“I want to congratulate the Sponsors of this legislation and all those who worked so hard to bring this about. And, as we go home to our districts and tell the state employees that live there, how much we did for them and how much we appreciate them, I think it’s also very, very important that we acknowledge how we got here today. And, it seems to me that as important as all of us and you may have been, it’s also important to acknowledge that the . . . that organized labor, that the state employees themselves who sat at the table with the collective bargaining process, sat as workers with the administration, working out all of the details, spending the hours that it took, crunching all the numbers, compromising when they needed to, pushing forward when they saw an opportunity, and it is they who should also be congratulated and should congratulate themselves for today, bringing forth a piece of legislation that is going to provide some dignity to state workers when they retire, going to provide a substantial increase in their benefits that they so sorely need and so well-deserved. So, I think that it’s . . . that this Bill, we ought to be thanking AFSME and all of the members of organized labor who participated in bringing us here today.”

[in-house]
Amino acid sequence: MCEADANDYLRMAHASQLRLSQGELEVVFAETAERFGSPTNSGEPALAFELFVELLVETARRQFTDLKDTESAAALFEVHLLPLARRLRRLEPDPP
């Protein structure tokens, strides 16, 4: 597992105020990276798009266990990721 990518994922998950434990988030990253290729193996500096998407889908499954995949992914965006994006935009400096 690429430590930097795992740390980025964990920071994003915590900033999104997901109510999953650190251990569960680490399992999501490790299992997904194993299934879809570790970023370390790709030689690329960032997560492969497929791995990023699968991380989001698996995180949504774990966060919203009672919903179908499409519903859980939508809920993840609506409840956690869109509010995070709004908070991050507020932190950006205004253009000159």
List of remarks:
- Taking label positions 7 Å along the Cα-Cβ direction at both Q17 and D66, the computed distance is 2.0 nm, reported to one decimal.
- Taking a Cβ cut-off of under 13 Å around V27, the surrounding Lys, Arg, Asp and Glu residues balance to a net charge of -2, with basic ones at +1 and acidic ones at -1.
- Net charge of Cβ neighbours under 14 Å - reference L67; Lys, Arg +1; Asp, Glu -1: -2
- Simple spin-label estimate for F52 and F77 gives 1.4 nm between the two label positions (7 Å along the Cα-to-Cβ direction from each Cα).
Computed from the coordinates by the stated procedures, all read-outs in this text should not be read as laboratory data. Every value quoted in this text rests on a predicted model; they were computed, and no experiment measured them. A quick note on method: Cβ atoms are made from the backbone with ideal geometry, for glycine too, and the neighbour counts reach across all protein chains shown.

This is, of course, exactly the core of the reason why public sector unions are fundamentally so ripe for abuse, when the individuals who nominally have the role of “employer” gain so much politically from providing these generous benefits.
This brings us to the Teacher’s equivalent and the transcripts of May 21 – 22, 1998. Here the path of the bill was not as simple, as the speaker delayed moving the bill out of the Rules committee.
In the House, the May 21 transcript begins with Rep Cross complaining that the lack of progress on the formula boost was “discouraging and insulting” state teachers and prospective teachers.